France’s FRR Looks to Private Markets for Higher Returns

CIO Salwa Boussoukaya-Nasr responds to low yields by moving into private credit and giving bond managers more flexibility over duration.


The job of managing French public funds comes with plenty of strings attached. Salwa Boussoukaya-Nasr is obliged by law to use external managers at €36 billion ($41 billion) Fonds de Réserve pour les Retraites (FRR), and the board, no doubt with politics in mind, takes a dim view of alternatives like hedge funds and catastrophe bonds. “There is no willingness to invest in those kinds of assets,” she says.

Yet Boussoukaya-Nasr is diversifying where she can. Created in 2001 to build up reserves for the French public pension system, FRR has only one liability: a requirement to pay €2.1 billion each year until 2024 to CADES, a fund for amortizing the debt of the country’s social security system. With that liability shrinking and a big pool of assets to put to work, “we can take more and more risk,” she says.

FRR has expanded into private markets over the past two years, with a preference for debt over equity because money can be deployed faster. In equities, which make up 30 percent of assets, FRR is overweight Europe and Japan, and uses smart beta — particularly low-carbon strategies — for more than a third of its holdings. In January the CIO’s team awarded €8 billion in fixed-income mandates to 11 managers, retaining the option to switch benchmarks to shorter-duration indexes if rates appear likely to rise, as the CIO expects: “They are too low, and at some point in the next two to three years they will go higher, especially in the U.S.,” she says.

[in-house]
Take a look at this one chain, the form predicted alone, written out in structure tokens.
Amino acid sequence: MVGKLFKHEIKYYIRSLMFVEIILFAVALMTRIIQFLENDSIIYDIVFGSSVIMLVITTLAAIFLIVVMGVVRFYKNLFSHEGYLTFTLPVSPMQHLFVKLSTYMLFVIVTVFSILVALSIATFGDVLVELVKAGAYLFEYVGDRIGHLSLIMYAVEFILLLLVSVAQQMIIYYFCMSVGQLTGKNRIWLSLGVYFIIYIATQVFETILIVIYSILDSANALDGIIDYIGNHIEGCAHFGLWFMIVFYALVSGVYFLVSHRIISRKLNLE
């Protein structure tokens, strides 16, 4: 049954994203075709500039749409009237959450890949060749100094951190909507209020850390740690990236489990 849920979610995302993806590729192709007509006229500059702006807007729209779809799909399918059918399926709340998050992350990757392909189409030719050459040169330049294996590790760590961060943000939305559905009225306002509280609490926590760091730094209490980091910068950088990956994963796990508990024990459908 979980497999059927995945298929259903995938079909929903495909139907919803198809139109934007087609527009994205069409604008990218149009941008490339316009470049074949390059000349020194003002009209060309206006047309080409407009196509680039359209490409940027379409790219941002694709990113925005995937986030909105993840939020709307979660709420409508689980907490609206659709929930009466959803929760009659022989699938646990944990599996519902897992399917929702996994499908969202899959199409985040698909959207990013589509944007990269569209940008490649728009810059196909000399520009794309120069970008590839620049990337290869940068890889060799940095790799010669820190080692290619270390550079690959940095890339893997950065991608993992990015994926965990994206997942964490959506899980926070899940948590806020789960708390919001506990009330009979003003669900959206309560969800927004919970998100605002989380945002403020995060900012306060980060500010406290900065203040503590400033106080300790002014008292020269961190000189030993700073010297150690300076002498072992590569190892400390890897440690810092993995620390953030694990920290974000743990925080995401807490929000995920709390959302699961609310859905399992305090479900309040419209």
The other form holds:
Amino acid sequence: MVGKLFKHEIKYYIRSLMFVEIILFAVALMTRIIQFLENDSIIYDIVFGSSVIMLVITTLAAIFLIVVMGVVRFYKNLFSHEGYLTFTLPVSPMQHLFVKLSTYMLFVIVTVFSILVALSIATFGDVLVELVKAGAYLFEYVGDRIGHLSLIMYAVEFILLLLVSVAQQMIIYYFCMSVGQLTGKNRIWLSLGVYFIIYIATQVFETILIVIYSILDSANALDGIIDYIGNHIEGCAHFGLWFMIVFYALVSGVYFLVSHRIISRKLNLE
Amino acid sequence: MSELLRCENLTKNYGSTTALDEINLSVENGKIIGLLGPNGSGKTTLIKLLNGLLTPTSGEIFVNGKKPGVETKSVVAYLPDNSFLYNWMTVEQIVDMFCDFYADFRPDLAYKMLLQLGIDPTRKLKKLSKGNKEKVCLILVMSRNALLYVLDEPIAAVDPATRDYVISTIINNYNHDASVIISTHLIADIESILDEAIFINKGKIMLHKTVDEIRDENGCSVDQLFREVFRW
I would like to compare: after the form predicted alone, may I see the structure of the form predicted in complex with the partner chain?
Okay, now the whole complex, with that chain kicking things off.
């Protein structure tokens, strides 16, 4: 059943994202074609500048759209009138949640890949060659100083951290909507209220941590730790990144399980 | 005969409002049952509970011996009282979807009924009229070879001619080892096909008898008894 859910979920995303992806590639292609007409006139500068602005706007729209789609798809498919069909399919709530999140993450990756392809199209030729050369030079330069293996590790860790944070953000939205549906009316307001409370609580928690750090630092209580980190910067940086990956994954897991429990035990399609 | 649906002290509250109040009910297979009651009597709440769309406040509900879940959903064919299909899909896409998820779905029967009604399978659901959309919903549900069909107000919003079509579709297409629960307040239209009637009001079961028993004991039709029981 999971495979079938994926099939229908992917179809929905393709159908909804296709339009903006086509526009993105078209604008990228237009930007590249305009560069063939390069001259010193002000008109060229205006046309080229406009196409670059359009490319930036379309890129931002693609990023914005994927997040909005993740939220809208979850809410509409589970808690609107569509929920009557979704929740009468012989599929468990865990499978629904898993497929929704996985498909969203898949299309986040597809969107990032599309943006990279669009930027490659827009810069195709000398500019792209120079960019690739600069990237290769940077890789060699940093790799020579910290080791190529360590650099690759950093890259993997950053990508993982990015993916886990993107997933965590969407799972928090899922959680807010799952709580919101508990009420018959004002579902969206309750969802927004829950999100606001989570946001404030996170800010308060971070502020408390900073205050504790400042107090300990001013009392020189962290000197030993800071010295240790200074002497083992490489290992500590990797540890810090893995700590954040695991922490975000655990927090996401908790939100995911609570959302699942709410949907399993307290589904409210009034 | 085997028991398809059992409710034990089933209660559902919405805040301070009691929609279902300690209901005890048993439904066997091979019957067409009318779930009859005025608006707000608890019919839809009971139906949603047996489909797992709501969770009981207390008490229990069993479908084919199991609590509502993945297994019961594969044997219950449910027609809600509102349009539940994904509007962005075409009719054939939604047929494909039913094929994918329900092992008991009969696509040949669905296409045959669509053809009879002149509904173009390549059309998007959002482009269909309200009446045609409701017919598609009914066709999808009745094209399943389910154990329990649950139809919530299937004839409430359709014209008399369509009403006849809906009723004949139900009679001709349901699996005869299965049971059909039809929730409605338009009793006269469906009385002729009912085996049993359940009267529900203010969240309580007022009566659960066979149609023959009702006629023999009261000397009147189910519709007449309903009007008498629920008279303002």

Daughter of a French mother and a Tunisian-born father, Boussoukaya-Nasr, 46, grew up in the Paris suburbs and studied finance and management at the École des Hautes Etudes Commerciales de Paris. She headed asset allocation at Lazard Frères Gestion, then ran a long-only absolute-return fund at IXIS Asset Management before coming to FRR in 2006 as head of asset allocation. She moved up to CIO four years ago.

She may not have as much freedom as commercial managers, but running public money gives plenty of satisfaction: “It feels like it’s my money. It’s in everyone’s interest that the fund is run correctly.”

Return to “Europe’s Money Masters of 2016.”

2016 European Money MastersClick below to view profiles.

Investor Lifetime AchievementRoger GrayUniversities Superannuation SchemeGermanyStefan HentschelEvonik IndustriesU.K. CorporateTony BroccardoBarclays UK
Retirement FundCentral and Eastern EuropeKatrin RaheSwedbank Investment
Manager Lifetime AchievementPascal BlanquéAmundiNetherlandsMark BurbachBlue Sky GroupSmall CountriesPaul DroopBank of IrelandFranceSalwa Boussoukaya-NasrFonds de Réserve pour
les Retraites
SwitzerlandAdrian RyserMigros-PensionskasseU.K. PublicMark LyonEast Riding Pension FundScandinaviaHenrik Olejasz LarsenSampension